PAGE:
GM-MR-2-Farm to School 2by William McNutt
Registration for the first Farm to School (F2S) conference in Ohio had to be closed a week before 300 participants convened on the Ohio State Campus in mid-March. Secondary school administrators and teachers concerned with proper student nutrition, along with Ohio State extension personnel have been working together for the last 18 months to coordinate attempts to improve school student and faculty involvement in food production, securing prompt delivery and preparation of food from local sourcing in order to assure improved quality and nutrition, while expanding numbers of children fed from low income districts. Debra Eschmeyer, National Food Corps director connected to the F2S program, stated that improved food nutrition for school children could prevent $15 billion annual cost of preventable disease. The program helps young people learn about nutrition, plus instruction in food preparation for healthy living and dining, even cultivation of school gardens for hands-on instruction in growing fresh produce to supplement the processed product.
Despite the fact that an average consumer pays only 15 percent of their income for food (versus half in the early 20th century), too many youngsters from low income families are not properly fed or go to school hungry, with many school districts providing a nourishing breakfast as the only hot meal of the day — in the U.S.,12 million students go to school for breakfast. Granville, Ohio — with one of the first schools to emphasize locally grown foods — saw cafeteria attendance go from 20 percent to 2/3 of their students with the addition of more locally grown food choices. Sandusky schools contracts with five local growers for their produce. Most meat and dairy products come from processors who must pass strict inspection standards. At Ohio State, 30 percent of food prepared on campus must be contracted from local sources by OSU suppliers, including the hamburger at fast food outlets. OSU garden plots, dairy herd and livestock farms — all with inspected facilities — supply a guaranteed market.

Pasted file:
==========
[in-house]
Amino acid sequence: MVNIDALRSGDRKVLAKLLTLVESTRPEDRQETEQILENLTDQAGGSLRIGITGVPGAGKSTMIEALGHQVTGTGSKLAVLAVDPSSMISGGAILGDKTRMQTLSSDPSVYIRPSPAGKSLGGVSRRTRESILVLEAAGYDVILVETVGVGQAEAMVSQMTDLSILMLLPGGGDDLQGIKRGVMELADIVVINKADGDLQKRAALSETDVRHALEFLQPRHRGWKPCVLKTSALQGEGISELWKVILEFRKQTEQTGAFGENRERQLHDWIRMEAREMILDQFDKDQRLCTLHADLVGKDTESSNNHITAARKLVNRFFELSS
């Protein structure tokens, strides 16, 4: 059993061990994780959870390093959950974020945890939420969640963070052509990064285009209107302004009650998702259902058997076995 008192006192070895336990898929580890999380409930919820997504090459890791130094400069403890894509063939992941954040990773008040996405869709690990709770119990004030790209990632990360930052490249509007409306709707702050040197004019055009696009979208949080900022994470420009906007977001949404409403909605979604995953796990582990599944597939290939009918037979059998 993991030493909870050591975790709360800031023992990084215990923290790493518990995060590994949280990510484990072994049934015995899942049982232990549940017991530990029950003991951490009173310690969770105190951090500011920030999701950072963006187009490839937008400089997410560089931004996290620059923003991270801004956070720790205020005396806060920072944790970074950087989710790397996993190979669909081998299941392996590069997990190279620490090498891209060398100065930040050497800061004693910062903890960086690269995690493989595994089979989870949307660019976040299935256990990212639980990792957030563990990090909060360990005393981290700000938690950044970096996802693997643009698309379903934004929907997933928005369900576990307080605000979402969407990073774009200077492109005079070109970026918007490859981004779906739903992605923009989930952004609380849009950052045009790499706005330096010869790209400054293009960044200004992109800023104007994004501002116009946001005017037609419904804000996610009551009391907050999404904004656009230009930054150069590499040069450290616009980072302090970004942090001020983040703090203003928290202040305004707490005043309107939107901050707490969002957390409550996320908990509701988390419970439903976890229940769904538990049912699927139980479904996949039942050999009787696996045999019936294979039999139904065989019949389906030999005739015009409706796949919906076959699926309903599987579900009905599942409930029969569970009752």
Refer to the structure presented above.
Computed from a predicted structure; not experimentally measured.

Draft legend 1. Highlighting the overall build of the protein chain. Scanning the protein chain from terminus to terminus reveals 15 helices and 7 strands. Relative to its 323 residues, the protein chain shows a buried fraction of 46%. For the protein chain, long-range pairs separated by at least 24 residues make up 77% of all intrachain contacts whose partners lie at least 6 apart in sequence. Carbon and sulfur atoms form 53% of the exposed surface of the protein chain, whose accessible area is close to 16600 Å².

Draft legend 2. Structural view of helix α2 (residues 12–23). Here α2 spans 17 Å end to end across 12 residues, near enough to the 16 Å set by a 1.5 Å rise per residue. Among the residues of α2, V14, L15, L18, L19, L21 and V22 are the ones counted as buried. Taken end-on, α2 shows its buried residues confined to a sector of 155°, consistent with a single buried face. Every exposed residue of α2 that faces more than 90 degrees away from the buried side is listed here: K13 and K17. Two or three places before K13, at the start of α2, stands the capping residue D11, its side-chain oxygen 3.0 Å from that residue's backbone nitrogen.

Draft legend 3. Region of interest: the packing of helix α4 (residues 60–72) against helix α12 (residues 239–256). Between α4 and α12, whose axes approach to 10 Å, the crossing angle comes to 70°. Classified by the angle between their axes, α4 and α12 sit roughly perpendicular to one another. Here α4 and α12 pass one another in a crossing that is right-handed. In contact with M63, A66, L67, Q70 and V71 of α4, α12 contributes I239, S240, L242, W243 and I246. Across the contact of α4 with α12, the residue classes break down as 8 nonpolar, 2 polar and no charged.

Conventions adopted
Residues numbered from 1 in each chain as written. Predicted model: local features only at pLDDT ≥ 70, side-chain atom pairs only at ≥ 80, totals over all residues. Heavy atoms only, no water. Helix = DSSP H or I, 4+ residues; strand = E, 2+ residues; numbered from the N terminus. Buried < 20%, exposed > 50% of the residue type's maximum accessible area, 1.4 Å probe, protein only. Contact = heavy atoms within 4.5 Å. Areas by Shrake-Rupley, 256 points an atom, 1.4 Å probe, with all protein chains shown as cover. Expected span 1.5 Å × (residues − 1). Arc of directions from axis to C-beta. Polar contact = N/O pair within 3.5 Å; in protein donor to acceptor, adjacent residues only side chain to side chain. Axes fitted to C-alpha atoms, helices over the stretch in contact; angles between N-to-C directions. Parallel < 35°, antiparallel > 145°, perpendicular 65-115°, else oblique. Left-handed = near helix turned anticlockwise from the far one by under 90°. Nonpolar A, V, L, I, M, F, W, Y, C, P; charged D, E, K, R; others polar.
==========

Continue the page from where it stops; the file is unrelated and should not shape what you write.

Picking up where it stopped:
Numbers of F2S programs have increased dramatically in the last 20 years and is now over 12,500 nationally. Julie Fox, state leader of F2S, said the main goal is to build a statewide network involving those in attendance, in order for them to go back into their local communities to organize local projects. Some of new resources available include $100,000 in mini-grants from an Ohio Department of Education fund, plus a new Seed to Salad tool kit offered by the state department of health. In keeping with the emphasis on youth nutrition, a salad bar set up was offered at the conference by Whole Foods, allowing a local school to provide a salad bar for one year. Concern about increased obesity in teenagers has sparked much of the emphasis on proper nutrition that has been part of the locally grown fresh food market.